Thanks to Hailey Mooney of Michigan State University Libraries for permission to use contents from her excellent guide.
What is the difference between Data and Statistics?
In regular conversation, both words are often used interchangeably. In the world of libraries, academia and research there is an important distinction between data and statistics. Data is the raw information from which statistics are created. Put in the reverse, statistics provide an interpretation and summary of data.
Statistical tables, charts, and graphs
Reported numbers and percentages in an article
If you’re looking for a quick number, you want a statistic. A statistic will answer “how much” or “how many”. A statistic repeats a pre-defined observation about reality.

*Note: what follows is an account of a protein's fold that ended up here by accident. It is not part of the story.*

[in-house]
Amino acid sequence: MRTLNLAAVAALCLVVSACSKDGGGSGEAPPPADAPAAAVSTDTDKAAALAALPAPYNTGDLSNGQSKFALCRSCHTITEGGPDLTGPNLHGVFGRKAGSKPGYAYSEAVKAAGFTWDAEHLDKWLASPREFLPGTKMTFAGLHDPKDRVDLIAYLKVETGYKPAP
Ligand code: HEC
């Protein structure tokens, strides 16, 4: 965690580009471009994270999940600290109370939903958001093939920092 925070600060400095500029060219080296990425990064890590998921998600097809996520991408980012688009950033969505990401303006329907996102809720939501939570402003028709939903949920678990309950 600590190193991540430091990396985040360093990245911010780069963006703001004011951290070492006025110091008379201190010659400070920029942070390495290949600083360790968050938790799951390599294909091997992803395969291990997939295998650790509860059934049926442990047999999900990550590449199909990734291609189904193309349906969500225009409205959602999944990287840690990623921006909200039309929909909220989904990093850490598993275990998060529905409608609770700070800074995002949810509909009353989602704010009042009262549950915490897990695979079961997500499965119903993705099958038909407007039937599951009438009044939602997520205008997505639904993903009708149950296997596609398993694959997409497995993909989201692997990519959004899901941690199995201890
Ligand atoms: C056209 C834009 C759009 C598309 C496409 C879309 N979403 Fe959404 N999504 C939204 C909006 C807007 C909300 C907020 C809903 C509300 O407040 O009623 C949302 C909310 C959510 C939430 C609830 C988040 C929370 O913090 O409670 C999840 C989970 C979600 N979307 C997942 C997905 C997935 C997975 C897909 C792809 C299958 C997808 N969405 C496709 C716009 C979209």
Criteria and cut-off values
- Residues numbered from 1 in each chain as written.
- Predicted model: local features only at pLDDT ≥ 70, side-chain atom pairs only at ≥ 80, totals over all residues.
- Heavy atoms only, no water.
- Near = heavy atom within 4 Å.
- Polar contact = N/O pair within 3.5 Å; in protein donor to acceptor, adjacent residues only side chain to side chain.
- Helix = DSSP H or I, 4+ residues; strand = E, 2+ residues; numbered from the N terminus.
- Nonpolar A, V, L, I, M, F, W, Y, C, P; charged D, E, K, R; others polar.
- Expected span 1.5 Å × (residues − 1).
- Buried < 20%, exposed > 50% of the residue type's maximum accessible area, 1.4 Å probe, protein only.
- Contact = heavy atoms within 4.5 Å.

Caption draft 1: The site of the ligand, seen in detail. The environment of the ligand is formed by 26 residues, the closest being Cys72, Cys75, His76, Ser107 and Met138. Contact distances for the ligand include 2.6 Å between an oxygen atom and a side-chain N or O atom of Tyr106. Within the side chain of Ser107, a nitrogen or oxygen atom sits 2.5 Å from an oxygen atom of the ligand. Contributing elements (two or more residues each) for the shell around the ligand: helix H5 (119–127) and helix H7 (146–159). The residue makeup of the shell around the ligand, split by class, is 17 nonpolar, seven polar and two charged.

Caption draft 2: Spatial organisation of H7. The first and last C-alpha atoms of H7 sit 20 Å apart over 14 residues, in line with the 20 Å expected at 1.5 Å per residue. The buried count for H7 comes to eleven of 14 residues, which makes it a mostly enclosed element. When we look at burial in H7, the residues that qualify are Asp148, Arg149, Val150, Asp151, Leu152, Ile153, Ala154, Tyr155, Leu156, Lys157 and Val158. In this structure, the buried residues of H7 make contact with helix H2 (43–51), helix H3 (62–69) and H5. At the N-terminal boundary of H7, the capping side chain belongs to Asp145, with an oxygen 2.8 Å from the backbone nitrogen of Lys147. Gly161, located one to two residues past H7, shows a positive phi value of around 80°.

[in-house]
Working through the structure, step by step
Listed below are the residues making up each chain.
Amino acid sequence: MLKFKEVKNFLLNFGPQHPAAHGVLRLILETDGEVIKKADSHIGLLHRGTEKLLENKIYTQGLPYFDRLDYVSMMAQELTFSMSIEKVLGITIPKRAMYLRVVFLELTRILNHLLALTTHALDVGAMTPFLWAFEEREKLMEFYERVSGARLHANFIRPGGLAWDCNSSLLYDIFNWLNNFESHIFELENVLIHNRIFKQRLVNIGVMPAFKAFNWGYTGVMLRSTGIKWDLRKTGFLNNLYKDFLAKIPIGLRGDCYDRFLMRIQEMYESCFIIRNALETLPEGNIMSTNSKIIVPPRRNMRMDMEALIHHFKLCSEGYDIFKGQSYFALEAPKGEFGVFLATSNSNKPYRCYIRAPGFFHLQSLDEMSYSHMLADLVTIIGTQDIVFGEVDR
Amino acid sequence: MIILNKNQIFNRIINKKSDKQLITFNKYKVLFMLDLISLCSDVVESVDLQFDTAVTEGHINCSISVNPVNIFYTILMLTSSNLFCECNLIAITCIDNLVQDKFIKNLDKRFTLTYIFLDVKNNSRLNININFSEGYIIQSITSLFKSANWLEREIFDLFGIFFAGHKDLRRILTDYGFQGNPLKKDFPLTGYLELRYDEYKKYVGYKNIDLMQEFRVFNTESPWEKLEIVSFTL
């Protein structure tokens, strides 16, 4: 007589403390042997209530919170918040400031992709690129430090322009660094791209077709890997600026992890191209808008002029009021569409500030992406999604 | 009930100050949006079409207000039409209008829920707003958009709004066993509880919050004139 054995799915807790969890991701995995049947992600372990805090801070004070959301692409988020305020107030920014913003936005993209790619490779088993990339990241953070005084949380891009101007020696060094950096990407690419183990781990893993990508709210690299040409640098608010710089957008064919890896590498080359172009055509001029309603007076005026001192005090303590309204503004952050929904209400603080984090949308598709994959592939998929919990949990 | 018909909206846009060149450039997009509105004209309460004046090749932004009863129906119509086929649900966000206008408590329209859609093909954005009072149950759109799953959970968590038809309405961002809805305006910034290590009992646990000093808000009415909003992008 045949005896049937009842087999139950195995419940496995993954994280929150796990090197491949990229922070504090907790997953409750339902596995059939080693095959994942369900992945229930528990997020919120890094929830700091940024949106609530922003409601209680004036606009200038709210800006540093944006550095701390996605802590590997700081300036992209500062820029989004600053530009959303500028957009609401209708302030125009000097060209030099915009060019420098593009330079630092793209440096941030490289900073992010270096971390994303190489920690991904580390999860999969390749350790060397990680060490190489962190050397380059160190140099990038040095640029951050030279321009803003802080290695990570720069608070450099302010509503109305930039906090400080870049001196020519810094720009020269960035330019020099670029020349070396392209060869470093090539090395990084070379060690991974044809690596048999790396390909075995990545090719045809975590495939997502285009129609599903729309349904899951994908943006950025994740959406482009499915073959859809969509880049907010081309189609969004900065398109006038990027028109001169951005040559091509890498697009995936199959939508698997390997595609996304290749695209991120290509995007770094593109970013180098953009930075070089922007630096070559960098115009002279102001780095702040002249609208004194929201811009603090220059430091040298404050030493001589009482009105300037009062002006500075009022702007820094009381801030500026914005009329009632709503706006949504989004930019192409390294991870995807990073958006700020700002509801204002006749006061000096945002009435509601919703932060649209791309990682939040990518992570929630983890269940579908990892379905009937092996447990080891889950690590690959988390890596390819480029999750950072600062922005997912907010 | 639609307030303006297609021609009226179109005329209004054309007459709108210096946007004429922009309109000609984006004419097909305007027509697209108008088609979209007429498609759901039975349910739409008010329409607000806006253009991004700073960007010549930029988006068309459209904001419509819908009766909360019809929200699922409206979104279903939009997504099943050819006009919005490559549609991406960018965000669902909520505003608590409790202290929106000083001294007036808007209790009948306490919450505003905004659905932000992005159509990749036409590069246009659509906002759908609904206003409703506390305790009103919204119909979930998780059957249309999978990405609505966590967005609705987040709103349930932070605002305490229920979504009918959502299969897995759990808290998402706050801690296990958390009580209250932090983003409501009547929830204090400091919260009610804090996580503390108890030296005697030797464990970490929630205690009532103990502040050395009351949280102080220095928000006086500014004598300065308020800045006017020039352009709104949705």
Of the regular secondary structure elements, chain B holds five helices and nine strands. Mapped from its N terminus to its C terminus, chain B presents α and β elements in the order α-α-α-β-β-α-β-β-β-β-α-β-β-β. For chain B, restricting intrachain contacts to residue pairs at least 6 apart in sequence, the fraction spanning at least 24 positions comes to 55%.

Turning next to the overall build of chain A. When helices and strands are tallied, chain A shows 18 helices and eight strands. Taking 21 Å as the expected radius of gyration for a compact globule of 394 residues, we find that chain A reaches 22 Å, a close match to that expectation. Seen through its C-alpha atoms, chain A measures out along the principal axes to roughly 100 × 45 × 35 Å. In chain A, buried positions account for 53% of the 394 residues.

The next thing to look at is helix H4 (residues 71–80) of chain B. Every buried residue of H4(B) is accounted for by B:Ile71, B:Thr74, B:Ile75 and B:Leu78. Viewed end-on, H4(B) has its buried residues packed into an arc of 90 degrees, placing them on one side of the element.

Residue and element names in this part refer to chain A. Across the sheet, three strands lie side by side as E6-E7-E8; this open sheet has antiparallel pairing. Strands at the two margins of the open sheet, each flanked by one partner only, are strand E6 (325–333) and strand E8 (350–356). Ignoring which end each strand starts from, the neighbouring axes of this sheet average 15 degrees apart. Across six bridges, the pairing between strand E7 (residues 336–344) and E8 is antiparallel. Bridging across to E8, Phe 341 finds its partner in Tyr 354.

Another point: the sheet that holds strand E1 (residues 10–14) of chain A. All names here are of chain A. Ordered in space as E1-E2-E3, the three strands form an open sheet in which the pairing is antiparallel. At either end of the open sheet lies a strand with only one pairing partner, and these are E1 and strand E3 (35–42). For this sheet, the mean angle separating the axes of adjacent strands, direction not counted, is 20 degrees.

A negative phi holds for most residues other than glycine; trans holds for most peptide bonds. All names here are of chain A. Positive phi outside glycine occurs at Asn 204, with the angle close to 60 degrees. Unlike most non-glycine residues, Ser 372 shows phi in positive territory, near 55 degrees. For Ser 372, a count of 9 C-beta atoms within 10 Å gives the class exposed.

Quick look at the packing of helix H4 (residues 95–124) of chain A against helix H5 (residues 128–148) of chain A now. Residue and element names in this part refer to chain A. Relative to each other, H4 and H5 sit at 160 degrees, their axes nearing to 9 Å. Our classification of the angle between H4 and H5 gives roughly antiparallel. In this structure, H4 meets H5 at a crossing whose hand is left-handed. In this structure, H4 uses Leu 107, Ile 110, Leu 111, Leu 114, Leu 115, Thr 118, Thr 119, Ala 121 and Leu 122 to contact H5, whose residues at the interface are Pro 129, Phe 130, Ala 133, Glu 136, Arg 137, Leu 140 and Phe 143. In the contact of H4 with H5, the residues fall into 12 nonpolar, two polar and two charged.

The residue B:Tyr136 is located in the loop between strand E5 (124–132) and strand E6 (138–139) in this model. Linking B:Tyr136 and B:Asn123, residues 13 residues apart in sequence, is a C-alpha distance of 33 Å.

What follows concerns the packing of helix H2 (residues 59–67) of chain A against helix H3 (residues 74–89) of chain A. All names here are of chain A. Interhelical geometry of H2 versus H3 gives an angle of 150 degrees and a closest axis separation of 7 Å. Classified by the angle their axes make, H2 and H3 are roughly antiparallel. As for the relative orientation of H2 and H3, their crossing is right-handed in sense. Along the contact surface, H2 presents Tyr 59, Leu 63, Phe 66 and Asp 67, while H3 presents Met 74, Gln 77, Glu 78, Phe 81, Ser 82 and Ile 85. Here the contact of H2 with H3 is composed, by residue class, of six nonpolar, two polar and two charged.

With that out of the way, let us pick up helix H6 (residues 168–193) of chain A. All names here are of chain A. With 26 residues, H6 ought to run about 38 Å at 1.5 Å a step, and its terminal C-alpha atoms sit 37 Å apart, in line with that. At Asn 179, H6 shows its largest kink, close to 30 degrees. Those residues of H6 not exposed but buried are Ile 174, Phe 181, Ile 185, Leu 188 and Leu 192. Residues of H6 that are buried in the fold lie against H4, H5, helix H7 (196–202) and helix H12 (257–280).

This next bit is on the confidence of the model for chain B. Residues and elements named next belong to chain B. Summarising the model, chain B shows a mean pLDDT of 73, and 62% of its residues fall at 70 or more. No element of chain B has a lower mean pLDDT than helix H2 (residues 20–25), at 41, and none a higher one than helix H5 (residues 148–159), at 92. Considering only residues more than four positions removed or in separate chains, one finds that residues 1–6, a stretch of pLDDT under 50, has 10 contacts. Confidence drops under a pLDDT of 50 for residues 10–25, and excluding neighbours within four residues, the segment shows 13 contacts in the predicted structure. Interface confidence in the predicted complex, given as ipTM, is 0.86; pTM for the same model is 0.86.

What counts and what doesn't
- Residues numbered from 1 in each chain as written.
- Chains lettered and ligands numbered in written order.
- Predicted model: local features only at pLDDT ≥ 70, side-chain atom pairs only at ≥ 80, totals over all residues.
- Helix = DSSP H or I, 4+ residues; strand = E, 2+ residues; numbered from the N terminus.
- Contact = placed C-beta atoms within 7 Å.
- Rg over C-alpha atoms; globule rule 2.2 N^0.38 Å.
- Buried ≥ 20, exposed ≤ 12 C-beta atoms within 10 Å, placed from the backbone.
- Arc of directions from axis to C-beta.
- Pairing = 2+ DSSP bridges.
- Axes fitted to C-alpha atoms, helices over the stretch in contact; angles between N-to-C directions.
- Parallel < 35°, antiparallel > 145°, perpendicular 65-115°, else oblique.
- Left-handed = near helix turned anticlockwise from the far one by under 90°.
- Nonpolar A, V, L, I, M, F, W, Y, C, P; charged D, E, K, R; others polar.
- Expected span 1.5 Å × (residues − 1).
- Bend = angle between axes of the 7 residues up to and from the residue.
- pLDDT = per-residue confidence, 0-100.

Statistics are the results of data analysis. It usually comes in the form of a table or chart. This is what a statistical table looks like:
Source: Statistical Abstract of the United States
Datasets
Machine-readable data files, data files for statistical software programs
If you want to understand a phenomenon, you want data. Data can be analyzed and interpreted using statistical procedures to answer “why” or “how.” Data is used to create new information and knowledge.
Raw data is the direct result of research that was conducted as part of a study or survey. It is a primary source. It usually comes in the form of a digital data set that can be analyzed using software such as Excel, SPSS, SAS, and so on. This is what a data set looks like:
The BC Libraries have several excellent guides that will help you identify data. Here are some that we recommend:
Basic format for data citation:
Rightsholder, A. A. (Year). Title of program [Description of form]. Retrieved from http://xxxx
Example:
United States Census Bureau. (2000). Census 2000 summary file 3: Maryland raw data. Retrieved from http://www2.census.gov/census_2000/datasets/Summary_File_3/Maryland/
For questions, please contact Hannah Ha at hannah.ha@bc.edu or 617-552-3234.